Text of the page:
If you really want to change for the better you’ll do those “unthinkables”.

3. You Can Budget Money When You Want

Shoppers visit the mall in Toronto, Canada on Black Friday
When it comes to birthday or holiday shopping–like Red Thursday or Black Friday–you sure can make a budget easily! It just has to be something you want to budget for.

I present to you: Black Friday & Red Thursday.

Imagine, if you will if everyone put even a fraction of the energy and dedication into planning everyday finances as they do when going into these two shopping days.

How many people would be in a lot less trouble than they are today?

Just think of the people you know personally.

Like managing finances, this huge shopping event takes planning, which begs the question:

Why can people plan for Black Friday but claim to be unable to plan and budget their normal finances?

It takes time to plan the schedule for the day of shopping:

  • Coordinating schedules
  • Finding someone to watch the kids
  • Planning out the travel and shopping routes
  • Figuring out which are the best places and arranging the day accordingly.

It takes commitment to sit out in front of a store for hours or even days to ensure getting the best deals.

Heck, it takes a crazy amount of patience and commitment to wait in grocery checkout lines–even if you are saving a ton like at Aldi stores!

Now if that kind of time and dedication was put into setting up and following a budget for things like…

…many people would be in a much better position than they are right now.

Even the holiday shopping season would be easier if more time and effort were used for planning and budgeting for it.

Higher-yielding online savings accounts or even certificates of deposit could provide a buffer and interest earned can be used to offset some of the costs.

Store loyalty programs can be used to gain even more savings.

Truth be told, many people are perfectly capable of making sacrifices in order to reach what they claim to be their “goals”.

Unfortunately, as evidenced by the amount of time and effort that goes into planning and budgeting for Black Friday, people are simply too lazy or just do not care enough to commit the same type of effort into their everyday finances.

4. Budgeting Money Isn’t Sexy Or Exciting

Fantasy foot ball draft board where people budget money to draft a fake football team
Budgeting money sure as hell becomes a lot easier when you’re the GM of a fake football (baseball, basketball, or hockey) team and you have to allocate your money wisely.

Some people can’t get into things that don’t excite or entertain them.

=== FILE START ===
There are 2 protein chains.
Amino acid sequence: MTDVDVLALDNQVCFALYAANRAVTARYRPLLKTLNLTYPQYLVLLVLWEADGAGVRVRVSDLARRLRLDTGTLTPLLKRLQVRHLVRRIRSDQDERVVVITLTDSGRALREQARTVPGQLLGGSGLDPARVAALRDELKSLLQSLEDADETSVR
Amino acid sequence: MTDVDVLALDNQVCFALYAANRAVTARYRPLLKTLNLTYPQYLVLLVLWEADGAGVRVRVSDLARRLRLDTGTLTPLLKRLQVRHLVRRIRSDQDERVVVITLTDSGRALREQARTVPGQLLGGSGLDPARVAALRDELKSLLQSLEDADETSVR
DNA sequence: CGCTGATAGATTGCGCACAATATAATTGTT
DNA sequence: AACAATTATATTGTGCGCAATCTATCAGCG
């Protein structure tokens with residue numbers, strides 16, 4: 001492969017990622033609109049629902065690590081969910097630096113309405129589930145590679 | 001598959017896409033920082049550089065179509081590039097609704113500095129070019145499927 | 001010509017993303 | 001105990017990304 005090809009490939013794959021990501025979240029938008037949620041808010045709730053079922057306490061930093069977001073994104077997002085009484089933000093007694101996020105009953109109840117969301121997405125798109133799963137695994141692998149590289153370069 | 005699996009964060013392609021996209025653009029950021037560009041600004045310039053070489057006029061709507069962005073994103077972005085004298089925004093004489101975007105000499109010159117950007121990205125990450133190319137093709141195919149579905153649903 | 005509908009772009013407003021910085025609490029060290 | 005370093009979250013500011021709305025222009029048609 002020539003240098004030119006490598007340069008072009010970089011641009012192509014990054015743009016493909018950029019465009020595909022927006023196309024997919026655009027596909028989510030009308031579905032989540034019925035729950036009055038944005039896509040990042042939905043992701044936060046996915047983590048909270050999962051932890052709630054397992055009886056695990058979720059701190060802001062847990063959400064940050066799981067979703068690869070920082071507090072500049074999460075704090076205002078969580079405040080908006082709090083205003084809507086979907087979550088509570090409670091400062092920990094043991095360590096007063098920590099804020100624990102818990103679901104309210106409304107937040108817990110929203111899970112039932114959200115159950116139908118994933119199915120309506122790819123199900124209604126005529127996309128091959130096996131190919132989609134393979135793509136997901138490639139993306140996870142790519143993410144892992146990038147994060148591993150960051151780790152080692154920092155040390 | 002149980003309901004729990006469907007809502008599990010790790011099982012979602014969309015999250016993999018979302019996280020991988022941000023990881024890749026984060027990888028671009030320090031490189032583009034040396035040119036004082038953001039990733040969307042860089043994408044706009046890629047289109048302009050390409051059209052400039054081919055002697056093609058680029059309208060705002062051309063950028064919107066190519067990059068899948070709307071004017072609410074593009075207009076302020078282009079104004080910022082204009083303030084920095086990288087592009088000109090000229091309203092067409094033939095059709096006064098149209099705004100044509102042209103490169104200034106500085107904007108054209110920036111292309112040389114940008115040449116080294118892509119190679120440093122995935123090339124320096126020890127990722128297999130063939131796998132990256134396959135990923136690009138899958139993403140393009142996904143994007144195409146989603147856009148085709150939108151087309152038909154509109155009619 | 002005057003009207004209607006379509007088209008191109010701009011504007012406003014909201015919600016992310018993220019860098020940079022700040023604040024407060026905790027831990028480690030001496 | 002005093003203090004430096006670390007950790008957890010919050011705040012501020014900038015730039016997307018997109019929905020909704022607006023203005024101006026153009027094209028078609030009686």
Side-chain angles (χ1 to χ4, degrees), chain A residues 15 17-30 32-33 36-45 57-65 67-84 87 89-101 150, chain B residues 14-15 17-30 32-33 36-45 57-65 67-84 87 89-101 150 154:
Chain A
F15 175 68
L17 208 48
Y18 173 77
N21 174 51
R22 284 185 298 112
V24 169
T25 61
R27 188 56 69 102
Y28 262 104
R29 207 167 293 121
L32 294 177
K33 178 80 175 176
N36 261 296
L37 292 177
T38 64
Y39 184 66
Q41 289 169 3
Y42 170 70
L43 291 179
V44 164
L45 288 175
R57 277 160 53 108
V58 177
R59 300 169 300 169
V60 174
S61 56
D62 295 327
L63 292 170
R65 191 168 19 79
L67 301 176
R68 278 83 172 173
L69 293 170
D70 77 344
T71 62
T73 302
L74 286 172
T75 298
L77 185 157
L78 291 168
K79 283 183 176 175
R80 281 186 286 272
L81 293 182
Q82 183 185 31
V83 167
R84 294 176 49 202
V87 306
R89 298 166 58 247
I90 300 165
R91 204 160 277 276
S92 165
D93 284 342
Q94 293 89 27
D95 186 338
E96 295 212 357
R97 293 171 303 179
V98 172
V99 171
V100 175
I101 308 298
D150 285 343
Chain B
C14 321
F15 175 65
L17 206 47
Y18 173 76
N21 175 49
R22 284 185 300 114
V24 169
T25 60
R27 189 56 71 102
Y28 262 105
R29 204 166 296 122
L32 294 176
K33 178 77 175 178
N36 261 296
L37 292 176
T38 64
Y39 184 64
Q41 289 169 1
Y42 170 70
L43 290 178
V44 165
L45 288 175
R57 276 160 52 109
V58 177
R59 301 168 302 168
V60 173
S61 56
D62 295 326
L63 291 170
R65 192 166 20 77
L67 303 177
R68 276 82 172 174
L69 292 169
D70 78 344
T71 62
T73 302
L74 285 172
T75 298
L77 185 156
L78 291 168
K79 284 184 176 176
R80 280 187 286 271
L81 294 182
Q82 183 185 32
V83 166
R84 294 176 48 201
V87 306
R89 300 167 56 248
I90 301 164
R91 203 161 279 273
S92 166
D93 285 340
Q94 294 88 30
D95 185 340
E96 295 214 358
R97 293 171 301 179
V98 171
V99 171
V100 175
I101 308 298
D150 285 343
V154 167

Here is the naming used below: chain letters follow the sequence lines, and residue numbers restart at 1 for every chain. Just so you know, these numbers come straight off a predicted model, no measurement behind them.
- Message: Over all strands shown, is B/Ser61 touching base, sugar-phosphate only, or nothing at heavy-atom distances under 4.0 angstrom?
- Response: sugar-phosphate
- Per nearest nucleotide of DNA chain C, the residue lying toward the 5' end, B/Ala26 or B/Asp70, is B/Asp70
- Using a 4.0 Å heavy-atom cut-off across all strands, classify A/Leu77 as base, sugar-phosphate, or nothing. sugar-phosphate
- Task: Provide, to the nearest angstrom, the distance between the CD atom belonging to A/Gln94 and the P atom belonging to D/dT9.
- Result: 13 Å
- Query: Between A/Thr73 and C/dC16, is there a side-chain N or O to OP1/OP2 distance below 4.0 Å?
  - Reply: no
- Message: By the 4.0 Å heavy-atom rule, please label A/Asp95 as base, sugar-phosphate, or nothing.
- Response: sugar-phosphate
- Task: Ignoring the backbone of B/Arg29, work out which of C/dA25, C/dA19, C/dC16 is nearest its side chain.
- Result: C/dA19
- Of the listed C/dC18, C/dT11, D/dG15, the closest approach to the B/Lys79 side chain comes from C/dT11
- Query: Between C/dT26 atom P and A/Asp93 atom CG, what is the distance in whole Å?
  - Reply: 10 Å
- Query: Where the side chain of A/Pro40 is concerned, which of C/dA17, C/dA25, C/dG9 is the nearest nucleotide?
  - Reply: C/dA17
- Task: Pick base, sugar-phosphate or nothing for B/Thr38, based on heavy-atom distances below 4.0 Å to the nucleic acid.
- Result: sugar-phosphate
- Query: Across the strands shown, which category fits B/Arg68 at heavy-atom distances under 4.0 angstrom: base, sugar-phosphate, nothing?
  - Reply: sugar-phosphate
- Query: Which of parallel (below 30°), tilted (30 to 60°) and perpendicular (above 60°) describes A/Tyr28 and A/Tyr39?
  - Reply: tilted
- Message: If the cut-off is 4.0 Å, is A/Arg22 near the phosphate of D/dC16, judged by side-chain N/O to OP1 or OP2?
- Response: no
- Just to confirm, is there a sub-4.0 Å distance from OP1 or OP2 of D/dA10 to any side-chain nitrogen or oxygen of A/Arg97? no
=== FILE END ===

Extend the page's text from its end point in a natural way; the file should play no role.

Budgeting money is far from sexy (even though I know a certain blogger who would disagree hahaha).

It’s far from exciting.

It’s not going to keep the average person’s attention for very long.

Sorry money nerds, it’s true that most people don’t enjoy and get goosebumps over budgets and spreadsheets!

But then you have something like fantasy football or baseball, basketball or hockey, too.

That shit is nuts!

You have people with whiteboards, printouts, and calculations.

They sit for hours just talking about it.

All just to put together a make-believe sports team.

But guess what?

That’s exactly what budgeting money is my friends!

Playing fantasy sports is spending time trying to figure out the best way to spend your salary cap money across multiple positions.

THAT IS EXACTLY WHAT YOU DO WHEN BUDGETING MONEY FOR EVERYDAY THINGS!

  • Salary cap = total monthly income
  • Positions/players = household expenses

It is literally the same exact thing just in a form that matches something you enjoy, but the same nonetheless.

So if you participate in fantasy sports with salary cap limitations, then you have absolutely zero excuses for not budgeting money in real life.

Trouble Budgeting Money Is Psychological

It’s difficult to find areas to cut back on when you are so used to–and comfortable with–how you were previously spending your money.

Wants oftentimes get confused with needs when you’re used to living a certain way.

It can be difficult to break long-standing habits or learn the proper way to do things when you’ve been doing them wrong for so long.

Sometimes it’s easier to simply throw in the towel and give up because it’s too difficult to change.

That is just an excuse.

It’s certainly not a reason why you cannot make a budget, much less stick to one.

Again, we’ve all been there before.

Sometimes it is necessary to throw everything we thought we knew out the window and start learning how to handle money all over again, the right way.

Or, you can just keep living your life the way you have been, never making any headway and never getting ahead.

Wrapping Up

So yeah, budgeting money isn’t some complex equation.

It’s not a foreign language.

It’s actually pretty simple.

It’s something that you do in many everyday tasks.

Personally, I’ve always thought of budgeting money as a necessary evil.

“Necessary” being the key word for most people.

Start with making a budget.

Then take the rest one day at a time.

Being consistent with managing finances will help greatly, too.

Before long, you’ll be a pro at budgeting money!

Your Turn

How good or bad are you at budgeting money? Do you have a strict, detailed budget that you stick to religiously? Do you simply have an idea in your head of what your budget is? Or, do you say that budgeting money is a waste of time and fly by the seat of your pants?